"To me, my hair is my heritage. When I think of my hair, I think of Saturdays with my mother. She would sit me down in the living room, and use her wide-tooth comb and Pomade to treat my hair before spending the next four hours braiding it. I would watch ‘The Proud Family’ on the Family Channel and my mom would recount stories of her childhood in Africa. Then she would style my braids with beads or coloured elastic bands and I’d be on my way.
As I reached my adolescent age, I started to straighten and dye my natural curls which caused significant damage for years. Instead of sticking to my roots, I wanted to be like the straight-haired girls at school. My hair did not agree. My once bouncy frow became stringy and dull.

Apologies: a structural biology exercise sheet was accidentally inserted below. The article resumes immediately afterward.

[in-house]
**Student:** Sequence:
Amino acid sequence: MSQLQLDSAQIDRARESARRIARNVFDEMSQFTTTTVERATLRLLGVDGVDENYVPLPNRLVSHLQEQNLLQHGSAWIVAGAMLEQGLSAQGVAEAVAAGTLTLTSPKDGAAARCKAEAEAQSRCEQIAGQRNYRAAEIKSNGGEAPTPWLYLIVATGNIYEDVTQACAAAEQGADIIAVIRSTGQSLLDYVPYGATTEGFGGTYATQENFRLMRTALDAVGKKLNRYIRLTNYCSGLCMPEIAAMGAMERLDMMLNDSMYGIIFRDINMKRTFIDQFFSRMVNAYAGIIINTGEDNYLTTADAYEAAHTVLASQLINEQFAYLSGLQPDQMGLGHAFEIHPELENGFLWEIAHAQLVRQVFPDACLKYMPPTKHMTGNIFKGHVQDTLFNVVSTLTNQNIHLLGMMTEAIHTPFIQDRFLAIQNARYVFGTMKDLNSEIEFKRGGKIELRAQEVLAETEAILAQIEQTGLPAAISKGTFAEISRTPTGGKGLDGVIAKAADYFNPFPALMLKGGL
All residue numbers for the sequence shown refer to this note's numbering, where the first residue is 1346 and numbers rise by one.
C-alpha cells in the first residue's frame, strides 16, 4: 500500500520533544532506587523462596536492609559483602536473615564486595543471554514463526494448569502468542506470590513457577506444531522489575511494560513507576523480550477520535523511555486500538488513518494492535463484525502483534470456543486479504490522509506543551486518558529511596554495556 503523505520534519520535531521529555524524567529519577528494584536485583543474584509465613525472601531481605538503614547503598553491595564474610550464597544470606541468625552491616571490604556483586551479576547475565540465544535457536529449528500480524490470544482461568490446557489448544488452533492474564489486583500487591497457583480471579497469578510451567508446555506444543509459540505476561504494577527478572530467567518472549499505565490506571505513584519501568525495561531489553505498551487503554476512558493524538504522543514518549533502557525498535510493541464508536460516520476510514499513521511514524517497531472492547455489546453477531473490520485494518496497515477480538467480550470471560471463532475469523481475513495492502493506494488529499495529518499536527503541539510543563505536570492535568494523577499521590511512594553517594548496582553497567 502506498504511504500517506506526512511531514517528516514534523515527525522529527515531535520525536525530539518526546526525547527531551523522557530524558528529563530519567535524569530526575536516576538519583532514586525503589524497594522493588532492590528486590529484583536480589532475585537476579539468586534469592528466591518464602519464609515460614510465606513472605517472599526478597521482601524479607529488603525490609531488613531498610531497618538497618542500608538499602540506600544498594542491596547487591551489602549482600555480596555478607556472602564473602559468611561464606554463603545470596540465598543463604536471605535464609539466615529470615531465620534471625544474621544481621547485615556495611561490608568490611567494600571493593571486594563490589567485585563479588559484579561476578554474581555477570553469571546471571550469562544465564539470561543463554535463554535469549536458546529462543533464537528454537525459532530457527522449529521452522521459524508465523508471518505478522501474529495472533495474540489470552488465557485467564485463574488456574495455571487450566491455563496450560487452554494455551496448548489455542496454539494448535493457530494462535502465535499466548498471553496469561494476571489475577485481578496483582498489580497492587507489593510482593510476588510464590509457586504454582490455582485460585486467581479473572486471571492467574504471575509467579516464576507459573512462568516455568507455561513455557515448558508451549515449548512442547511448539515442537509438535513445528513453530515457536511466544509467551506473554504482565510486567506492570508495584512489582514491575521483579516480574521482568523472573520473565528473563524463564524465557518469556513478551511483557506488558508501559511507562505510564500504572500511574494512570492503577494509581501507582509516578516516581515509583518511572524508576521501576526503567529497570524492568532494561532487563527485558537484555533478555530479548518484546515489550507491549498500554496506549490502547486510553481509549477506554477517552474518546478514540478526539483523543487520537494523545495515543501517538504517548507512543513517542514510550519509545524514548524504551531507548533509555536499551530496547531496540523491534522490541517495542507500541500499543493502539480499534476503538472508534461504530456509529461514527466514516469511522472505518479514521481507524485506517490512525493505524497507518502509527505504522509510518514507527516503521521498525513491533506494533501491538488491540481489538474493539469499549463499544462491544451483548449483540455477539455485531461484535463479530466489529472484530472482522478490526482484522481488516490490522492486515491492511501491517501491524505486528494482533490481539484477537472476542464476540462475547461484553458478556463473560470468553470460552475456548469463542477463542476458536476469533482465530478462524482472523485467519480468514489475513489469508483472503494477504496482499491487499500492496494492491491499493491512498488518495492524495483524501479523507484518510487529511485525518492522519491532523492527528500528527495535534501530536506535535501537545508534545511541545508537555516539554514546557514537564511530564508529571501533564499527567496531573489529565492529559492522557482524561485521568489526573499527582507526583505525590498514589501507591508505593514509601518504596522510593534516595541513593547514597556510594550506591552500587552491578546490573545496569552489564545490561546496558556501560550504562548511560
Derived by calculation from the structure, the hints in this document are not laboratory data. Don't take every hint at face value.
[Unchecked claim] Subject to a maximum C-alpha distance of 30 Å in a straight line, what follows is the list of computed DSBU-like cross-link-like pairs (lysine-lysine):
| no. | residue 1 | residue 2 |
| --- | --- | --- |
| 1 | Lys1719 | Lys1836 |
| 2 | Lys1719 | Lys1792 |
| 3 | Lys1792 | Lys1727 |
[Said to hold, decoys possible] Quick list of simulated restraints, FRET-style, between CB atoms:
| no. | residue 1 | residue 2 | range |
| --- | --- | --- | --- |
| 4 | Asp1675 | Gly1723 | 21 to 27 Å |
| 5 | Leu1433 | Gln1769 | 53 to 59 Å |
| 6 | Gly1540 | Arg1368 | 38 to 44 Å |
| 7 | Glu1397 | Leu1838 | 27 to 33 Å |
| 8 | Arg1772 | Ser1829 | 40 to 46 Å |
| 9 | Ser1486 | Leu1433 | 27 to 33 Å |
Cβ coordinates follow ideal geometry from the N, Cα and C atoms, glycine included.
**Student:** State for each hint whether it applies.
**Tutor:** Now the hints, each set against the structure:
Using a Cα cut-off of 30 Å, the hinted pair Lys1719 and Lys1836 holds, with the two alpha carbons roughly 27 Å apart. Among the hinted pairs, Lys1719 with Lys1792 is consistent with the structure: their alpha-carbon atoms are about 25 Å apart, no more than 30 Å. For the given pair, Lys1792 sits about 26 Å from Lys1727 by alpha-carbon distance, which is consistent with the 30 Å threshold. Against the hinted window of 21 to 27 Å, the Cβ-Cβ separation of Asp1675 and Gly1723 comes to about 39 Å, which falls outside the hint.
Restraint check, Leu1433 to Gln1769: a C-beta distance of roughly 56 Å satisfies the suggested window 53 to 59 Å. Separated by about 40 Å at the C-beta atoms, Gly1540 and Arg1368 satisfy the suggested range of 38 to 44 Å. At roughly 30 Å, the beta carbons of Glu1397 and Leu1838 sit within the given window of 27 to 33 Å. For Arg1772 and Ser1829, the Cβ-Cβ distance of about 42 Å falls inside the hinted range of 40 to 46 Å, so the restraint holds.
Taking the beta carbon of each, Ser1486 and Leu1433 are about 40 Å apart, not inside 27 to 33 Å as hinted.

Now in my young adulthood, I’ve gone back to my origins and taken up the traditional ‘Hair Care Saturdays’ my mom used to do. I protect my hair by braiding it and allowing its ringlets to thrive. More than a protective style, it protects my ancestry. My mother taught me how to braid and when I have a daughter of my own, I’ll sit her down on Saturdays, treat/braid her hair and tell her stories of my childhood. Hopefully, she will do the same for her daughters and so on. African hair is more than a stylistic preference, it is passing on tradition and legacy."